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New dialysis unit prompts fears of creeping NHS privatisation

29 Feb 2024 4 minute read
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Martin Shipton

Plans to open another privately run kidney dialysis centre in Wales have increased fears about creeping privatisation in the NHS.

Swansea Bay University Health Board has applied for planning permission to open a new unit in a former gym at Brackla, Bridgend, with the capacity to treat 21 patients at a time. But – like the 17 other dialysis centres across Wales – the unit won’t be managed by the NHS but by a private sector firm called Fresenius Medical Care. Fresenius and two other private companies called Braun and Renal Services UK run all the dialysis centres in Wales.

For some, this makes a nonsense of Welsh Labour’s commitment to keep the NHS as a wholly public service.

Creeping privatisation

Plaid Cymru’s Health and Social care spokesperson Mabon ap Gwynfor said: “Plaid Cymru is firmly opposed to the creeping privatisation of the NHS in Wales.

“Although I’m pleased to see one of the candidates for the First Minister also saying that he opposes NHS privatisation [Vaughan Gething], he allowed for services such as the dialysis service in the Welsh NHS to be run privately on his watch.

“North Wales MS Llyr Gruffydd first raised this issue in 2018 – the Labour Government has allowed privatisation to continue rather than bring these services back in-house.

“There is also the huge issue of hundreds of millions of pounds going from our NHS to private agencies for staffing rather than investing in a sustainable Welsh NHS workforce. This is unsustainable, and requires not just warm words from the next First Minister, but action.”

Astonished

An NHS patient from Bridgend, who is undergoing kidney treatment and didn’t want to be named, said: “I was astonished to discover that the service is provided by the private sector. Welsh Labour politicians are constantly claiming that they are opposed to creeping privatisation and defend the NHS as a public service. Yet the existence of these privately run centres shows that claim up as hollow.”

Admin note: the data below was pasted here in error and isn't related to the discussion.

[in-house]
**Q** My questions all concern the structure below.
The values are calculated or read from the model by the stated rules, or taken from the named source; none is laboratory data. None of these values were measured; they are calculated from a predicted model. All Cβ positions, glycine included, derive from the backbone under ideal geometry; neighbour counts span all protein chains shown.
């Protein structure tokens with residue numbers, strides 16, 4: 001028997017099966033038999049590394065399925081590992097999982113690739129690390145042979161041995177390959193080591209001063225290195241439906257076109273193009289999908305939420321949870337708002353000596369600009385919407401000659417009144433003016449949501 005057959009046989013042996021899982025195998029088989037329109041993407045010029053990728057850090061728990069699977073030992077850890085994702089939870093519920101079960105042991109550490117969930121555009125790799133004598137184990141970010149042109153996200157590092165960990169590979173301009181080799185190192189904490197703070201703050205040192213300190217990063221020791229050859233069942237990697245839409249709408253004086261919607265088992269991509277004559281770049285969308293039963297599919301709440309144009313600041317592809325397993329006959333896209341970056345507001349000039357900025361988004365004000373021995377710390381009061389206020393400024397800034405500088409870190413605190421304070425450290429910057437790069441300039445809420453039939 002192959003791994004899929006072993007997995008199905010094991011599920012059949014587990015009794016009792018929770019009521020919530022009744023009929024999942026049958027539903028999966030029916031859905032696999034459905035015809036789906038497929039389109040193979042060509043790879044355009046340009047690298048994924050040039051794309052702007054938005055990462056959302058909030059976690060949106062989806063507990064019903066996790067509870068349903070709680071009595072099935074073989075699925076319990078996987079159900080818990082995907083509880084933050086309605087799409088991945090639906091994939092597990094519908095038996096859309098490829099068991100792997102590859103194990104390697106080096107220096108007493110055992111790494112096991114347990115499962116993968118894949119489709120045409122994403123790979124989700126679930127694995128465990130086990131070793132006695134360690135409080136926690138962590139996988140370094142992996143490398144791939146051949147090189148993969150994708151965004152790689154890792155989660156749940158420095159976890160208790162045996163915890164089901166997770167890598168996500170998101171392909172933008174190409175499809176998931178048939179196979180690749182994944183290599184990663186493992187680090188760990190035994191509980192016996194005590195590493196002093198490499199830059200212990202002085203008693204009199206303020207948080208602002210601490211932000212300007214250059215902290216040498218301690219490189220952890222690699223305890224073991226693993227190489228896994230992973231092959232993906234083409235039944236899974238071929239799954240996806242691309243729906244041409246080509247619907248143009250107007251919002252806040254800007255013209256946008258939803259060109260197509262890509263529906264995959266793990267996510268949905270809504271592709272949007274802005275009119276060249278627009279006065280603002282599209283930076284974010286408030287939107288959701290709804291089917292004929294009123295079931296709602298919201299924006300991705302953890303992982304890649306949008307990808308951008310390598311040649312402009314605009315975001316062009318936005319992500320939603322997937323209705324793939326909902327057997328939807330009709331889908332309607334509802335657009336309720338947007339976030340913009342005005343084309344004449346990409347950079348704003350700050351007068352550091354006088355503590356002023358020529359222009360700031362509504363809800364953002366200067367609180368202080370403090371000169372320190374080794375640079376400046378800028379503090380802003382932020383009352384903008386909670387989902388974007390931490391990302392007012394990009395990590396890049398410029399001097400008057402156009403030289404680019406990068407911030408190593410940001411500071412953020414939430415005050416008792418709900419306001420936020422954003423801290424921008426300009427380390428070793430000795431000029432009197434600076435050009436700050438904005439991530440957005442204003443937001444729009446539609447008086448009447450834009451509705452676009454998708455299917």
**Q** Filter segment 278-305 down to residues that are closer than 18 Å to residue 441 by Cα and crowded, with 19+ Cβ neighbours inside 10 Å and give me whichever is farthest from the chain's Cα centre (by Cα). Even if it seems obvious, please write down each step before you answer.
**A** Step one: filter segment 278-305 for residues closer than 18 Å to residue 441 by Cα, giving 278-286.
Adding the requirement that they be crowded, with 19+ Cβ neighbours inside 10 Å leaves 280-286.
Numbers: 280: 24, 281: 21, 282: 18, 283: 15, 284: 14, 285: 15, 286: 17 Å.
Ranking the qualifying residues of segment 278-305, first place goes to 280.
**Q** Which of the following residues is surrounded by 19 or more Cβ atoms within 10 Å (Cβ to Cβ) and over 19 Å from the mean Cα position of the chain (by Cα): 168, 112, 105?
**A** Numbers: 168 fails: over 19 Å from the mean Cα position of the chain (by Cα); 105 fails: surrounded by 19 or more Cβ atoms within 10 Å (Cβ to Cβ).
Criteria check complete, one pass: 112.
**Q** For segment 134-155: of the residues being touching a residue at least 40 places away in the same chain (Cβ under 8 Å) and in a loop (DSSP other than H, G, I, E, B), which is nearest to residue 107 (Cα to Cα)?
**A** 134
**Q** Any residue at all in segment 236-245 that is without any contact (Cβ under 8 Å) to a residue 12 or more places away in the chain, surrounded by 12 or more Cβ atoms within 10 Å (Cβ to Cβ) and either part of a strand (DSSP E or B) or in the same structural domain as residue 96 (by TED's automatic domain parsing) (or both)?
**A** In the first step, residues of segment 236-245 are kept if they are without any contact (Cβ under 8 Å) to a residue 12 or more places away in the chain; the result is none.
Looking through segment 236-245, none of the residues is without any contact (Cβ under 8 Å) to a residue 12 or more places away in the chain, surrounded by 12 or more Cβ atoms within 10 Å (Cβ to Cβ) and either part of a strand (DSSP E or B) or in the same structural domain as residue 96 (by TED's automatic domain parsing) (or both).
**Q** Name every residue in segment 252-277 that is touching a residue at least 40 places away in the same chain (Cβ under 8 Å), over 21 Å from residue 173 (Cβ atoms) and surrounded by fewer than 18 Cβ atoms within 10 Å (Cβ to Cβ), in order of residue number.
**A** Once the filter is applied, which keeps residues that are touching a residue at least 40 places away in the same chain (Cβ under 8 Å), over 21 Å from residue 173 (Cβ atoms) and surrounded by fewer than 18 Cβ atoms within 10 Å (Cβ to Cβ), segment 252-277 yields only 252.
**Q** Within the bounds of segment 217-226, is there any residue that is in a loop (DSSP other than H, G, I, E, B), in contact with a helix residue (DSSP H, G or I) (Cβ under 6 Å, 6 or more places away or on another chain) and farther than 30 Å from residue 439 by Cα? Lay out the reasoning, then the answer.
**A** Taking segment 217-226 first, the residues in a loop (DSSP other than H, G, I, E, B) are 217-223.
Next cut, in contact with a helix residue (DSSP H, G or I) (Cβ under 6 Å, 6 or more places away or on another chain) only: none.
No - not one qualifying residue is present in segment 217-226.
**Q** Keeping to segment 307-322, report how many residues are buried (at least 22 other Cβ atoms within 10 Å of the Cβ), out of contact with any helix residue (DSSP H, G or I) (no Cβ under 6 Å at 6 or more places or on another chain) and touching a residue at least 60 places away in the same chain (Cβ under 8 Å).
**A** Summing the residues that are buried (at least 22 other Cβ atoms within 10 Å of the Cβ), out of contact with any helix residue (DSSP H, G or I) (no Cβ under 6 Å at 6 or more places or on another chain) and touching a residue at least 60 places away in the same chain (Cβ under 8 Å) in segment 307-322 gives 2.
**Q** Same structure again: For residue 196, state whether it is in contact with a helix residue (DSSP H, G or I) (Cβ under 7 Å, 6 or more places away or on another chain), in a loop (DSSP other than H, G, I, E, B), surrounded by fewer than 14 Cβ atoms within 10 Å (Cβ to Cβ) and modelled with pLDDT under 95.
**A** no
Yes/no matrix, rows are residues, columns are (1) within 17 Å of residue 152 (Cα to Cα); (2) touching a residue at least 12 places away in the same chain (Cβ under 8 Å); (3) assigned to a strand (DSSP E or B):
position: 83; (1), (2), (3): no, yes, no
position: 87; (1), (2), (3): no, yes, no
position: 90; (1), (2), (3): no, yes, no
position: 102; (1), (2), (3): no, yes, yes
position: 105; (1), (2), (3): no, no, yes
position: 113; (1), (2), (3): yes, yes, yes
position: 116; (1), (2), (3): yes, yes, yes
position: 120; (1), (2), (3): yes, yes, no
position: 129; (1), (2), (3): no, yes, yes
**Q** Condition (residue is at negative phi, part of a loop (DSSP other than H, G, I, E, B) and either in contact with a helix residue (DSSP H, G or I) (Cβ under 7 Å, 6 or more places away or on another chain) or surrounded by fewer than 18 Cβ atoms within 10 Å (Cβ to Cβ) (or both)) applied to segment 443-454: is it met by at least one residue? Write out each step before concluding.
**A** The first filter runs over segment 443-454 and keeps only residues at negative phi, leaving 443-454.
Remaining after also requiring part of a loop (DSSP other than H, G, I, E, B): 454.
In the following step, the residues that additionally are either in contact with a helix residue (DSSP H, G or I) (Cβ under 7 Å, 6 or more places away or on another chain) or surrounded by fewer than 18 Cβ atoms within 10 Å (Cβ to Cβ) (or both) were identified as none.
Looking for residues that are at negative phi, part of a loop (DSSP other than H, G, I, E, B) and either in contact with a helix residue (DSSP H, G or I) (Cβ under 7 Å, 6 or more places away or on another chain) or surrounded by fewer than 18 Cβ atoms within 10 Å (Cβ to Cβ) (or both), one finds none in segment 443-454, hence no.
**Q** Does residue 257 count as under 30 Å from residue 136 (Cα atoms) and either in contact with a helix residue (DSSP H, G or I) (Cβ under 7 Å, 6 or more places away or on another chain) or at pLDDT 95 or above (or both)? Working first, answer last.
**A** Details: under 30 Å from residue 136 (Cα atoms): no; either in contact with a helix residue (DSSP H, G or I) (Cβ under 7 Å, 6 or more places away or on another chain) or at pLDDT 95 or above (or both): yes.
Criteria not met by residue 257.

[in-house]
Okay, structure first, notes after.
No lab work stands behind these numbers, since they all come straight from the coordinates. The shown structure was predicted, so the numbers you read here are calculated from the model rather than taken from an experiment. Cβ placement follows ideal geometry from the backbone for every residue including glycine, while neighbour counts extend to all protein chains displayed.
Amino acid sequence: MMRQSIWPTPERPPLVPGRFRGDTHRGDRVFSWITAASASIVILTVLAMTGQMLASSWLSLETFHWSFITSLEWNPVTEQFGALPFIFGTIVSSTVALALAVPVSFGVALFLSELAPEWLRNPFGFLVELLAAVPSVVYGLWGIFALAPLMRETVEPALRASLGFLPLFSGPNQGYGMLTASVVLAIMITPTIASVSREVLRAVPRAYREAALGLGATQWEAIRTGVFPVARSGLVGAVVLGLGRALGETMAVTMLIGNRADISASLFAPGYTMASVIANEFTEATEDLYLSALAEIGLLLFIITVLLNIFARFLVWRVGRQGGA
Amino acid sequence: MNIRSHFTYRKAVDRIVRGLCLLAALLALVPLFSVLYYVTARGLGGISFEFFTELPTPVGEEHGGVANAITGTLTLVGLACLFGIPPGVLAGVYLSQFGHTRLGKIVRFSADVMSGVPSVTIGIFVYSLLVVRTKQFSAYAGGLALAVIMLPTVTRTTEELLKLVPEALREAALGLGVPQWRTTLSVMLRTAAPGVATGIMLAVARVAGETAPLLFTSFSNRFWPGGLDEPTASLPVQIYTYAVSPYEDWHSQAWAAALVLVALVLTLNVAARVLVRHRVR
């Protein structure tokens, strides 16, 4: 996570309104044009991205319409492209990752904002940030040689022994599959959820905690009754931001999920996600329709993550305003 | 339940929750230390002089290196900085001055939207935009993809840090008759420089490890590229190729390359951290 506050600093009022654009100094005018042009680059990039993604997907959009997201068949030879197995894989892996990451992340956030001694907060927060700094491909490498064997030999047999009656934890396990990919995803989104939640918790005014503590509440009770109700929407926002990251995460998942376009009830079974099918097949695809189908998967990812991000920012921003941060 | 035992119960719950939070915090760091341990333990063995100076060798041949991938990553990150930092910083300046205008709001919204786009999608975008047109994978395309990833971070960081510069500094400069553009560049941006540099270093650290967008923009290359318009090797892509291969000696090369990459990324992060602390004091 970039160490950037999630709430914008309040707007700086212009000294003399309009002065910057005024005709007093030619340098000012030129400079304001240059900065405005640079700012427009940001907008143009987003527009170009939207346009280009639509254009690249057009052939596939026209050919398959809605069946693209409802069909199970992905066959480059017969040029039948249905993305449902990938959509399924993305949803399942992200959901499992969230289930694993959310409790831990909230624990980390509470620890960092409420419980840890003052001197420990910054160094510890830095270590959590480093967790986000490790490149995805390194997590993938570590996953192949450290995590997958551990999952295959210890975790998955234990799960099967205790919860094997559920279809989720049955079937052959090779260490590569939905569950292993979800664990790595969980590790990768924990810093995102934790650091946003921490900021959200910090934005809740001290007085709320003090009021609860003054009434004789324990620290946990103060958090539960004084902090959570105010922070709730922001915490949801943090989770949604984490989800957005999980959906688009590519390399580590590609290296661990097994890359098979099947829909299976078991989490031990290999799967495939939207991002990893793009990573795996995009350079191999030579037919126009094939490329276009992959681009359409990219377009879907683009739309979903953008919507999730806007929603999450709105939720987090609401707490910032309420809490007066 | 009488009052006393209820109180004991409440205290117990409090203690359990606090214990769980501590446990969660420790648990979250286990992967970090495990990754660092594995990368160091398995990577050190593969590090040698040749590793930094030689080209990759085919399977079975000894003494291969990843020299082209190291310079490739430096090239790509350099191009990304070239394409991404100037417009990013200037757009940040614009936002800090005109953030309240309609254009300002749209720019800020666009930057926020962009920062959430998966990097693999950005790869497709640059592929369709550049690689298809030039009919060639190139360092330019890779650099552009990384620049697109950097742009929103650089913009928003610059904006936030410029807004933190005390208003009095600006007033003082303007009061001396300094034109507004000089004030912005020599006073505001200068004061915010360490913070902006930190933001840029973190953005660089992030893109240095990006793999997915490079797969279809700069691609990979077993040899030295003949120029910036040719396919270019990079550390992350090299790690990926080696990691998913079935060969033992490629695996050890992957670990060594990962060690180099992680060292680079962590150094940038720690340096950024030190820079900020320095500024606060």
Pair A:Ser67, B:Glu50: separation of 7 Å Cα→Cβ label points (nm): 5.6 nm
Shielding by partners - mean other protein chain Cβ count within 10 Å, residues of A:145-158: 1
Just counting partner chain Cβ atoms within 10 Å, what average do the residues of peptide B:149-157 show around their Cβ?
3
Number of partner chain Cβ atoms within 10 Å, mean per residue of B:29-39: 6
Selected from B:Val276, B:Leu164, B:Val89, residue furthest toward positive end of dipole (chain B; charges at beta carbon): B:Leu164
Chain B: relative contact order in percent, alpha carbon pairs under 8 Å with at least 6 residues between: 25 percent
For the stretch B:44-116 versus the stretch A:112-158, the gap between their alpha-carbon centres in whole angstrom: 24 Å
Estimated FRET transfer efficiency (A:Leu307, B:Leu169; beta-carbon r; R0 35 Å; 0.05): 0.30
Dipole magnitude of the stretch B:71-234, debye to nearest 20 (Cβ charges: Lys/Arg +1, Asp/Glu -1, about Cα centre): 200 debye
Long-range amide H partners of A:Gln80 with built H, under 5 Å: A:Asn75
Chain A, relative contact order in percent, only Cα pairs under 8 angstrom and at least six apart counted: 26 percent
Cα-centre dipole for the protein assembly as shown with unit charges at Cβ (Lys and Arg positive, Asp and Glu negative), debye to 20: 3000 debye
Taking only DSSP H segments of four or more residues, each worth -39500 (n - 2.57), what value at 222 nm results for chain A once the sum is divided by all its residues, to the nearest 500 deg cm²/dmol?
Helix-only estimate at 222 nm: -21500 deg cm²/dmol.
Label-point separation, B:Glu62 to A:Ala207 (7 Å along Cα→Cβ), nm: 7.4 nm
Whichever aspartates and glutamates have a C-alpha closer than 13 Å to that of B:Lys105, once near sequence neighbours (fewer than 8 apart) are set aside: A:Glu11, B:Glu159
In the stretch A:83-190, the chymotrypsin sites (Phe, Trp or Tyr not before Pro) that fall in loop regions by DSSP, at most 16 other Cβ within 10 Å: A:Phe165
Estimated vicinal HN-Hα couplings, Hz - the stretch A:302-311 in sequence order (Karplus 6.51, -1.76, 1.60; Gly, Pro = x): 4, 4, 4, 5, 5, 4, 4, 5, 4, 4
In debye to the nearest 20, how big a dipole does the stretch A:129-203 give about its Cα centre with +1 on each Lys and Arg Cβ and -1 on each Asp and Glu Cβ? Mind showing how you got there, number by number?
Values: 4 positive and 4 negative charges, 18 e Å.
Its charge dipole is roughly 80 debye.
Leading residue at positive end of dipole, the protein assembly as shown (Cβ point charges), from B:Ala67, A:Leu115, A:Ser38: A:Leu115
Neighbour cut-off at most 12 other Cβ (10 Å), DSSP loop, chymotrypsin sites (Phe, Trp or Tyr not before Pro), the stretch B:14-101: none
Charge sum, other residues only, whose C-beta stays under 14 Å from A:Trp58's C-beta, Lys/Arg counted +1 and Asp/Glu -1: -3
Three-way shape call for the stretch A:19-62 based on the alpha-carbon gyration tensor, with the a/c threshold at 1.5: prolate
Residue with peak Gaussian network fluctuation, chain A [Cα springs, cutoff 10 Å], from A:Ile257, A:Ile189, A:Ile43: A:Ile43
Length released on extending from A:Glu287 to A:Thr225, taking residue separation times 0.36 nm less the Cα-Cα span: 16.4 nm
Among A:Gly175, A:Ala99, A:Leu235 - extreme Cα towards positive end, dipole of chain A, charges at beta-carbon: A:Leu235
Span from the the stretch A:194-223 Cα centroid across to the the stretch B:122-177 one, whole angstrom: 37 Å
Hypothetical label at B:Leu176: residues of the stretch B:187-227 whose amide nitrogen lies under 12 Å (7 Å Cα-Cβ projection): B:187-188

With dialysis treatment costing £600m per year in the UK as a whole, it’s likely that the cost in Wales will amount to at least £30m.

The development of a privately run dialysis network in Wales follows a paper written by four academics in 2006 and published in QJM: An International Journal of Medicine. The paper said: “It is clear that the numbers of patients needing dialysis, and in particular in-centre haemodialysis, will continue to rise. In Wales, dialysis capacity is overwhelmed, more than 20% of the population still lives more than 30 minutes drive away from a dialysis unit, and there are areas of relative under-provision. There is, therefore, a need to plan the building of additional, appropriately resourced, facilities.”

A statement on the website of Fresenius, whose corporate headquarters is in Germany, states: “Fresenius Medical Care is the world’s leading provider of products and services for individuals with renal diseases of which around 3.9 million patients worldwide regularly undergo dialysis treatment. Dialysis is a vital blood cleansing procedure that substitutes the function of the kidney in case of kidney failure.